Less is More
Primal Scream is celebrating thirty years as a band, with most of those years spent flying just under the radar. Over that time, members have come and gone, leaving founding member and vocalist Bobby Gillespie the one enduring feature of the band. Even their sound has morphed over the decades, pushing the boundaries of Brit-rock towards indie, dance, psychedelic and whatever else caught their ears. What does a band that’s spent thirty years experimenting sound like? If Primal Scream’s tenth album More Light is any indication, it’s kind of a mixed bag.
Primal Scream’s philosophy seems to be “MORE.” The album nears seventy minutes and the band is not too shy to start off with the nine-minute lamentation of 21st-century values in “2013.” Pining for the mythic 1960s integrity, Gillespie wonders, “What happened to the voices of dissent? / Getting rich, I guess” over protest chanting, repetitive horns, and swirling guitars. It’s a bit overwhelming, and continues through the next few songs (twenty-five minutes).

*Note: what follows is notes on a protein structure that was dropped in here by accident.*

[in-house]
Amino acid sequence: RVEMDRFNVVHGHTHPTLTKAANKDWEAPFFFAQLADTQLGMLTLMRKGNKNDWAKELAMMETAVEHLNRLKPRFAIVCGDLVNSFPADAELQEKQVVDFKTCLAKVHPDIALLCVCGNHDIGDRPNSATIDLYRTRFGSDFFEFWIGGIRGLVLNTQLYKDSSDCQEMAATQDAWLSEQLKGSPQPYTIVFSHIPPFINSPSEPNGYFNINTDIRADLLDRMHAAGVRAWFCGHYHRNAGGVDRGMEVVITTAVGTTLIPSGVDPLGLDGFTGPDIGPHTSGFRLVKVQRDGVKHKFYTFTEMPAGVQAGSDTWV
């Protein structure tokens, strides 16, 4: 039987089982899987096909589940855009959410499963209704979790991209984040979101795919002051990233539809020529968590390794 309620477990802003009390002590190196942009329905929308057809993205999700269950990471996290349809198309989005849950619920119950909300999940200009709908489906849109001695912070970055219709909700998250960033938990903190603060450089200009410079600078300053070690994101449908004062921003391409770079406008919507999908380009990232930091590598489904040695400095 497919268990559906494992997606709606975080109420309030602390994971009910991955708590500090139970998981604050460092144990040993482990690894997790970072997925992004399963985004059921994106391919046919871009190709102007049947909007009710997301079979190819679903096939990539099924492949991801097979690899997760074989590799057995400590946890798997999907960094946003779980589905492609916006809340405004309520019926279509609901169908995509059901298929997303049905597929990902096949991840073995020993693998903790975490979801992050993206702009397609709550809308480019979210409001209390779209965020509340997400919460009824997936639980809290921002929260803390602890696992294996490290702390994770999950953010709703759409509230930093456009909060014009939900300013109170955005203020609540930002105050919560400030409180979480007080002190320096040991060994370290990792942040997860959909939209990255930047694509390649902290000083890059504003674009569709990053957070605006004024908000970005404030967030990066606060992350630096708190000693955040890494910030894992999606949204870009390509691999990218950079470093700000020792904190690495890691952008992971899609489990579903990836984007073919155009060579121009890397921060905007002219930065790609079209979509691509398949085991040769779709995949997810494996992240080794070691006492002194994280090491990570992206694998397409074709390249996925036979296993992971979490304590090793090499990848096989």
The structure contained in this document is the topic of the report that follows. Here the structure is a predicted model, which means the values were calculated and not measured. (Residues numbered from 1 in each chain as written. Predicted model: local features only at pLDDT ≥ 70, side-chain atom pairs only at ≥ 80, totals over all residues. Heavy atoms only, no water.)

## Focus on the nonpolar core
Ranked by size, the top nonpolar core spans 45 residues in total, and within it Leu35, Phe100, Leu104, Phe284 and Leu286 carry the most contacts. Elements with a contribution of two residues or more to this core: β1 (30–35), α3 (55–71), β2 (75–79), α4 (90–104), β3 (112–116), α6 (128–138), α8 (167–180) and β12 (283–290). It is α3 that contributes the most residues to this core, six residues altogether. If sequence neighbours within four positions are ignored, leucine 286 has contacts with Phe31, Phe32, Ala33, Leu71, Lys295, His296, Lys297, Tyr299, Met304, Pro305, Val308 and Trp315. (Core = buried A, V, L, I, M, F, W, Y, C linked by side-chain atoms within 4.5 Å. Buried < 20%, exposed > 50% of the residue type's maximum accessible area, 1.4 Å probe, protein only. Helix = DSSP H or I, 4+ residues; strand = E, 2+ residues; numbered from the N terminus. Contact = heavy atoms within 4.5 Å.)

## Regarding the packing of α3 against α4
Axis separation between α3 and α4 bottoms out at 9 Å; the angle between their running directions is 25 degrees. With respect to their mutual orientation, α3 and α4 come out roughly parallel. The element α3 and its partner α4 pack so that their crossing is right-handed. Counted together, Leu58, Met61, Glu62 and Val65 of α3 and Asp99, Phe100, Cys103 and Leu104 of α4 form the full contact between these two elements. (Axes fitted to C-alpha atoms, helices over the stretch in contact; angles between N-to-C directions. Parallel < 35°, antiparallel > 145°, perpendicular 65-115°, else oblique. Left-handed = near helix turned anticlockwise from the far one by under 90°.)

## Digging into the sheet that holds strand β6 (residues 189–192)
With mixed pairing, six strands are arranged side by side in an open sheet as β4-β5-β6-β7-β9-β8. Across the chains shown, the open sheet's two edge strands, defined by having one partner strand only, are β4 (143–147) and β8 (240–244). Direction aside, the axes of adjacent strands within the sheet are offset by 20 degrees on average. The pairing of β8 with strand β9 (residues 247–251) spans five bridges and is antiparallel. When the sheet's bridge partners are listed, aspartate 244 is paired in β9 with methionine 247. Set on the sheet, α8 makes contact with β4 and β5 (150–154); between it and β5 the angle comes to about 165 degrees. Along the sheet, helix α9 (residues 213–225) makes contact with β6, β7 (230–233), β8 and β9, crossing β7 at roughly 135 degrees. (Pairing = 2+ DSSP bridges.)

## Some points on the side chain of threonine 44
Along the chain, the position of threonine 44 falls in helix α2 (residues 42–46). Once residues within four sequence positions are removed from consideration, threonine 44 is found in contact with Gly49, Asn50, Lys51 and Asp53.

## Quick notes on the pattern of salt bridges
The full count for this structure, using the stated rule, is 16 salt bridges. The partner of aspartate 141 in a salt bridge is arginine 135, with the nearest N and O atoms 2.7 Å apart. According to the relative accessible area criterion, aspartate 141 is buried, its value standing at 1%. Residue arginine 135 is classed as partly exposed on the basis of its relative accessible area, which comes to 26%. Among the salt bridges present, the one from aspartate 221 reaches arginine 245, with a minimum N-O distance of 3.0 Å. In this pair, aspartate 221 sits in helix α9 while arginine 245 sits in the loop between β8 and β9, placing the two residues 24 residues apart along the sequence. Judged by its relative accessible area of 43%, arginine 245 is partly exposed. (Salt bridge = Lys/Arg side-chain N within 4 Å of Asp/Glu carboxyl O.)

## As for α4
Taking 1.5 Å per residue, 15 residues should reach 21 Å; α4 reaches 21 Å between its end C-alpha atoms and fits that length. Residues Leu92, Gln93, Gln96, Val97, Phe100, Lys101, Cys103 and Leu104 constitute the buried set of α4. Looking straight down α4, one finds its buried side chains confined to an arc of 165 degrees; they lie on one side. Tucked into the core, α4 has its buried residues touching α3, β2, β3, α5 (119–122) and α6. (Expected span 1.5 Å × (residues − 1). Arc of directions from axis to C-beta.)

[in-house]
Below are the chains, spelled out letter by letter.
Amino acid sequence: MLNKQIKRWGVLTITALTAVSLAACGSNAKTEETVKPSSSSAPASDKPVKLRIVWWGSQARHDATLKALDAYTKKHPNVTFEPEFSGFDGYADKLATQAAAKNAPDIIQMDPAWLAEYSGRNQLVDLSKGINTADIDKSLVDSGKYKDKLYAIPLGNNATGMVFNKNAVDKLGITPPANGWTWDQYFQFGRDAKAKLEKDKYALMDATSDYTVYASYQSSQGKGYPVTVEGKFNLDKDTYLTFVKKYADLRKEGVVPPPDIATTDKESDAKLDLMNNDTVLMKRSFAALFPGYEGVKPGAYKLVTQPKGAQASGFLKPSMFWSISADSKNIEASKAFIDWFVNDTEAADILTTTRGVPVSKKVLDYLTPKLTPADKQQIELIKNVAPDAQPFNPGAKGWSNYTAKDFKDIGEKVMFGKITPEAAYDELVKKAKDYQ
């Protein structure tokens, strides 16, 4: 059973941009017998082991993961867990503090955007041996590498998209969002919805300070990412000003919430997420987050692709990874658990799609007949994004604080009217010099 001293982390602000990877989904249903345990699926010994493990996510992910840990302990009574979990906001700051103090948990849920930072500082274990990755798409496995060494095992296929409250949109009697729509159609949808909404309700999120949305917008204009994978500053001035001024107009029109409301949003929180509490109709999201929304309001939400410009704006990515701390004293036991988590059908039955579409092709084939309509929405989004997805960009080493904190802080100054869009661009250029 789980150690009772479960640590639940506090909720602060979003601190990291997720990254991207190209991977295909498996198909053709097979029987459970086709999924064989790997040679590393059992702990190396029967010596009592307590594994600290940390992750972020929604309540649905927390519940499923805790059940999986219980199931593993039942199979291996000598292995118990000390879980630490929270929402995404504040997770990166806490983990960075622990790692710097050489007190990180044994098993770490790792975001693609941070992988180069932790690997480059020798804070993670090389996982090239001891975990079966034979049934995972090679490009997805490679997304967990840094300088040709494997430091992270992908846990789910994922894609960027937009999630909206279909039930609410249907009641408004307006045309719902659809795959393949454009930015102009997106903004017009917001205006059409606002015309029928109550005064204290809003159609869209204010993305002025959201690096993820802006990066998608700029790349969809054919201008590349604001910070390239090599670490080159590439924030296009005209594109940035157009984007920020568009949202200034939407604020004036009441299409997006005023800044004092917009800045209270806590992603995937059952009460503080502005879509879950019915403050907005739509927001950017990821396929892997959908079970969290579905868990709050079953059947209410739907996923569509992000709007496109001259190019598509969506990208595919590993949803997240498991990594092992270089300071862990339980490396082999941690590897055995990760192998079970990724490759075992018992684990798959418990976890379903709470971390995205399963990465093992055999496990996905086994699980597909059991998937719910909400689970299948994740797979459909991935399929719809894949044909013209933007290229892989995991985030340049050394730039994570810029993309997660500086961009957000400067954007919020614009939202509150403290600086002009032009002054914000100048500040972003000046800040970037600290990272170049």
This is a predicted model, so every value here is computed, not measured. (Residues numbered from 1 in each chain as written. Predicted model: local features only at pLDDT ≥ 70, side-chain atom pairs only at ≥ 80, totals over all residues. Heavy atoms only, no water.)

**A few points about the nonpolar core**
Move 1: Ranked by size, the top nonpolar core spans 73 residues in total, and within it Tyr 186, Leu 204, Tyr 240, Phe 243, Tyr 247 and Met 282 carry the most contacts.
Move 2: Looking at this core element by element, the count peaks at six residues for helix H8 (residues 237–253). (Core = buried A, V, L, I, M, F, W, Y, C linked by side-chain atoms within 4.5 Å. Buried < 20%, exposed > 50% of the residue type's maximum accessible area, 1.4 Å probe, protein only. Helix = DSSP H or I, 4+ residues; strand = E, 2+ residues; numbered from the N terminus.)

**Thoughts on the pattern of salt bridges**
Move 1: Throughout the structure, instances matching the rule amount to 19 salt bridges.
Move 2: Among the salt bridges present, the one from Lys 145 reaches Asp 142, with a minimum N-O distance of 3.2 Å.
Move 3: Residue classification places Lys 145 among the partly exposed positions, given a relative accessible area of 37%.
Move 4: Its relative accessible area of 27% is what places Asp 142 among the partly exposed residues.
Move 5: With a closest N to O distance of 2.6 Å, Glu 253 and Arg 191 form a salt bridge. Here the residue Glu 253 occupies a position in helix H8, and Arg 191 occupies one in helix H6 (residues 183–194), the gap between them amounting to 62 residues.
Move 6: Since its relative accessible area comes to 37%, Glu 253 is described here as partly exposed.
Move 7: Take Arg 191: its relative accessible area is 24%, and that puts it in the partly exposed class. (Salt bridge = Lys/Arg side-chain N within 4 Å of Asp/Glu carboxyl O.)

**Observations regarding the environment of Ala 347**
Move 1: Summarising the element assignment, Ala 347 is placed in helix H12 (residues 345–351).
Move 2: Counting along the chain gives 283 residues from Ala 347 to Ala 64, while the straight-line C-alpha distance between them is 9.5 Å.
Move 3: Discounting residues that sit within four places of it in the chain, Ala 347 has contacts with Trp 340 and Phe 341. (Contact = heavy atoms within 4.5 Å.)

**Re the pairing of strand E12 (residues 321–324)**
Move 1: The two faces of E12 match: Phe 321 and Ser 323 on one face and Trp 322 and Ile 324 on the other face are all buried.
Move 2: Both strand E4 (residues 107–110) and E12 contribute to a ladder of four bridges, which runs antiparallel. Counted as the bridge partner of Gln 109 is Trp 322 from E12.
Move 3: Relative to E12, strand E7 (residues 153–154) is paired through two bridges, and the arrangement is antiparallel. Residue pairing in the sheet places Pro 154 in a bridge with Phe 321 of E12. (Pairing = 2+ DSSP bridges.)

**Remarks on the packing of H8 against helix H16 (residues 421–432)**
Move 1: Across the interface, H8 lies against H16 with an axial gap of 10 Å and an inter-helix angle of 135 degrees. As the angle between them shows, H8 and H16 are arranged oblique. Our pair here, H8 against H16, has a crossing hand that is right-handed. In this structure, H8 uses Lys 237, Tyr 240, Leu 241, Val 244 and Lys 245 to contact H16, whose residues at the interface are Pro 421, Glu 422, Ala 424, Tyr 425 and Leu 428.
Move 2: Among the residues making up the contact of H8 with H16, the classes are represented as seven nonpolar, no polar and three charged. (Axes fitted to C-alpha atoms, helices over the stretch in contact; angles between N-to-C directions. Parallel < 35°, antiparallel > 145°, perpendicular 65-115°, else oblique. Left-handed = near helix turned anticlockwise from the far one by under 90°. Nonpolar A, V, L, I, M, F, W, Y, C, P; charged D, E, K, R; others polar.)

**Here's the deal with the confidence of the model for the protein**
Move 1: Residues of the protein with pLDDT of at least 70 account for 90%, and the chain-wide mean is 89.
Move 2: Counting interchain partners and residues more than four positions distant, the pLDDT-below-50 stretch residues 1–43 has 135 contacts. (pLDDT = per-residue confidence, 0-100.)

The fog clears with “Tenement Kid,” the first of a string of focused, pared-down songs stripped of distractions and minutes-long sax solos. Gillespie sings in full voice rather than intense whispers, and becomes more introspective. Moving through the triumphant dance of “Invisible City,” the slinky “Goodbye Johnny,” and the blues-pop of “Elimination Blues,” Primal Scream shines best when not trying to throw all their talents into one song.
More Light closes with “Walking with the Beast,” a ballad of bad ends, and the single “It’s Alright, It’s OK,” a great reminder of Primal Scream’s strength as a fun-time band. With any luck, the band will focus more on these strengths and less on their self-indulgent streak.